I then did the same search, but with uppercase operator “WORDS” and SharePoint returned 19 results, (the difference in 17 + 3 is accounted for by 2 documents returned in search results that contain both “Television” and “TV”).

Result of conducting an Operator search with the Correct Case
Figure 5: Same search with an uppercase search operator returns more results.

That’s great, but who wants to be in charge of teaching all your users how to use search operators???

That’s where Query Rules come to the rescue! I simply go to my search settings and create a query rule and voila!

  1. Go to Manage query rules.
Search Setting Create a Query Rule link
Figure 6: In SharePoint Admin Center, choose Manage Query Rules.
  1. Select a Source from the drop-down menu and then click New Query Rule.
Selecting a source and clicking on New Query Rule button
Figure 7: Choose the context for the query rule and then click New Query Rule
  1. Enter a Rule Name. For this example, we’ll call it Television.
  2. In the Query Conditions section, choose Query Matches Keyword Exactly from the drop-down menu.
  3. Enter each term that you want to be included as a synonym (my example shows the words “Television” and “TV”) separated by semi-colons.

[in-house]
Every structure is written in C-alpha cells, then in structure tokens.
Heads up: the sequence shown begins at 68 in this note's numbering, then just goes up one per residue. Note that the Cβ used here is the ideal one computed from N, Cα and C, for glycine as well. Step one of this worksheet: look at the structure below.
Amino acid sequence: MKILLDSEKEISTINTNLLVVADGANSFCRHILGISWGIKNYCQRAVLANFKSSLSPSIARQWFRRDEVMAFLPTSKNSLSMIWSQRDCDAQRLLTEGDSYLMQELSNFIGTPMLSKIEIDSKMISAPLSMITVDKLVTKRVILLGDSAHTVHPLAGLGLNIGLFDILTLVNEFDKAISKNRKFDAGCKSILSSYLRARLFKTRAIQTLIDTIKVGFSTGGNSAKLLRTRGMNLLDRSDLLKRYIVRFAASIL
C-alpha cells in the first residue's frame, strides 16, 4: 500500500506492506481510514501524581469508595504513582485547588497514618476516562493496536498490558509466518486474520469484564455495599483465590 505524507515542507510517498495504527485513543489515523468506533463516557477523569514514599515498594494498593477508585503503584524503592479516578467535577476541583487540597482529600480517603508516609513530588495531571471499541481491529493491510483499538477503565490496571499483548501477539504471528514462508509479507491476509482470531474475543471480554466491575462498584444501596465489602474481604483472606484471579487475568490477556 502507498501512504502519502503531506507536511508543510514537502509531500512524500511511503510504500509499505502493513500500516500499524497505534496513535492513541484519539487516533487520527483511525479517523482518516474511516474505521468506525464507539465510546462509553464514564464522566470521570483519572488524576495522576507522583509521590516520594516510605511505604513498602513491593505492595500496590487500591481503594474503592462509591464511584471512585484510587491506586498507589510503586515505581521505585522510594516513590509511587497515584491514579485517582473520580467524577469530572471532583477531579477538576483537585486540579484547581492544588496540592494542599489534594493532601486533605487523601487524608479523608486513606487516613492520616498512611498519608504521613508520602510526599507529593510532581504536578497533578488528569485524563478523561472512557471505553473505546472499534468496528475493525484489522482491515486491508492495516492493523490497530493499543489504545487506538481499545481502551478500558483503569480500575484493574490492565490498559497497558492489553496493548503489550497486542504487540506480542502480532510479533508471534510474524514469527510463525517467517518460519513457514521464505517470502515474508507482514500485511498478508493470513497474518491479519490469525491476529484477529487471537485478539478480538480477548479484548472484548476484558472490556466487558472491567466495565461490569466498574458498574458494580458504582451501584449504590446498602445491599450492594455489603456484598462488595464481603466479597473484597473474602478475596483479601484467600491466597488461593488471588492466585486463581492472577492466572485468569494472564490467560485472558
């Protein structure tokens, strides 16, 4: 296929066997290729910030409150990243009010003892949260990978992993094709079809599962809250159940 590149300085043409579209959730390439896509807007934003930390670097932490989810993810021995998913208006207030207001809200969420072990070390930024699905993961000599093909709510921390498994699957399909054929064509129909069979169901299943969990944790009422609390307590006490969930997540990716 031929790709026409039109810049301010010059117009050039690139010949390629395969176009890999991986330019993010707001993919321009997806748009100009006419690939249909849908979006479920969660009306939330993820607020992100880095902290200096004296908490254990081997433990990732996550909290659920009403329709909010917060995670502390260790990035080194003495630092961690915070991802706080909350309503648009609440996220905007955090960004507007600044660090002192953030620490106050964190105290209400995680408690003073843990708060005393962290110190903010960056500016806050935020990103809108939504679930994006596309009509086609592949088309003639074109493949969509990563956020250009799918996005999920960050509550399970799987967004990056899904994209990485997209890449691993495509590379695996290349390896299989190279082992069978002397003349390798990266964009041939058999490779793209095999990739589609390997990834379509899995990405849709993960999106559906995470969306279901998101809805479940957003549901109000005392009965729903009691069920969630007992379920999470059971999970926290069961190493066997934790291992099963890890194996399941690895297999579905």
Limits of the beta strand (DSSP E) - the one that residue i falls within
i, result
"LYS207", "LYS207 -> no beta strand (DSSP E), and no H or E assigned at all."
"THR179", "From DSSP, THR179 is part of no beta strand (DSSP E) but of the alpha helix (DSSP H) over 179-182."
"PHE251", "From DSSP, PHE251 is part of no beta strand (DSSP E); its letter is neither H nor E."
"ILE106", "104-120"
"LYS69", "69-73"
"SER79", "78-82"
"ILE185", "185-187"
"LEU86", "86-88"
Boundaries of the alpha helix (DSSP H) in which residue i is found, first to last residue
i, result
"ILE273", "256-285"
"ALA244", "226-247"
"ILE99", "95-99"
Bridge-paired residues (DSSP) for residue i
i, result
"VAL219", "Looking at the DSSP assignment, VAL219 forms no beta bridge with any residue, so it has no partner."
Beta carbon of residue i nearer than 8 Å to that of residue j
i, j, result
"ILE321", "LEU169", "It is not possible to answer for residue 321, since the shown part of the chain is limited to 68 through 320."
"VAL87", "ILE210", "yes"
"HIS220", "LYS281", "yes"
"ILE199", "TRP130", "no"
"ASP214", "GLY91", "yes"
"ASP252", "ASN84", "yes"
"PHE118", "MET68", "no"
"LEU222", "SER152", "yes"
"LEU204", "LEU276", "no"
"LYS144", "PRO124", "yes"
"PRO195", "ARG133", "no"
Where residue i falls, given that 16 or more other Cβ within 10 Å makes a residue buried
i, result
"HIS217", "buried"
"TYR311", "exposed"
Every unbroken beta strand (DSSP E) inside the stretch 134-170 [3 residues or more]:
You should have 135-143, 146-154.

4. In the Actions section choose Change ranked results by the changing the query and add WORDS(Television, TV) and save the rule.
Creating a Query Rule with the WORDS operator
Figure 8: Creating a SharePoint query rule that contains the search operator we used earlier.

Now I will go to my page and search for Television. Remember that the previous result returned 3; but now I get all 19 results that include Television or TV.

Result of Television Search after Query Rule shows correct number of results with TV and Television

You may be asking yourself, “Do I need to create this rule at the Central Admin / Tenant Admin or on the Site Collection? My answer is, “It depends!”

If you want this to apply to all searches in your company, then add it to Central Admin/Tenant Admin. Or, if you only want it to apply to your site, or your Search Center, then add it only on that specific site collection.

*Note on results source from that drop-down menu in step 2. In Office 365, I’m unable to apply a rule to all sources. Microsoft Support says this is by design. I’m investigating this.

5 Comment on “Search for Synonyms in Office 365 SharePoint Online”

  • User
    Scott December 14th, 2015

    Couldn’t Microsoft just build in a Thesaurus? I’m just thinking that it would be a lot of rules to add all of the possible search terms out there.

  • User
    Nicki December 23rd, 2015

    cool article! THX!
    There is also one other option. You can use the option “Query matches dictionary” in you step 4. That offers the option to manage you synonyms in termstore.

  • User
    klfrehe December 24th, 2015

    Thanks Nicki, as always in SharePoint, there are lots of ways to accomplish the same outcome. I appreciate the feedback.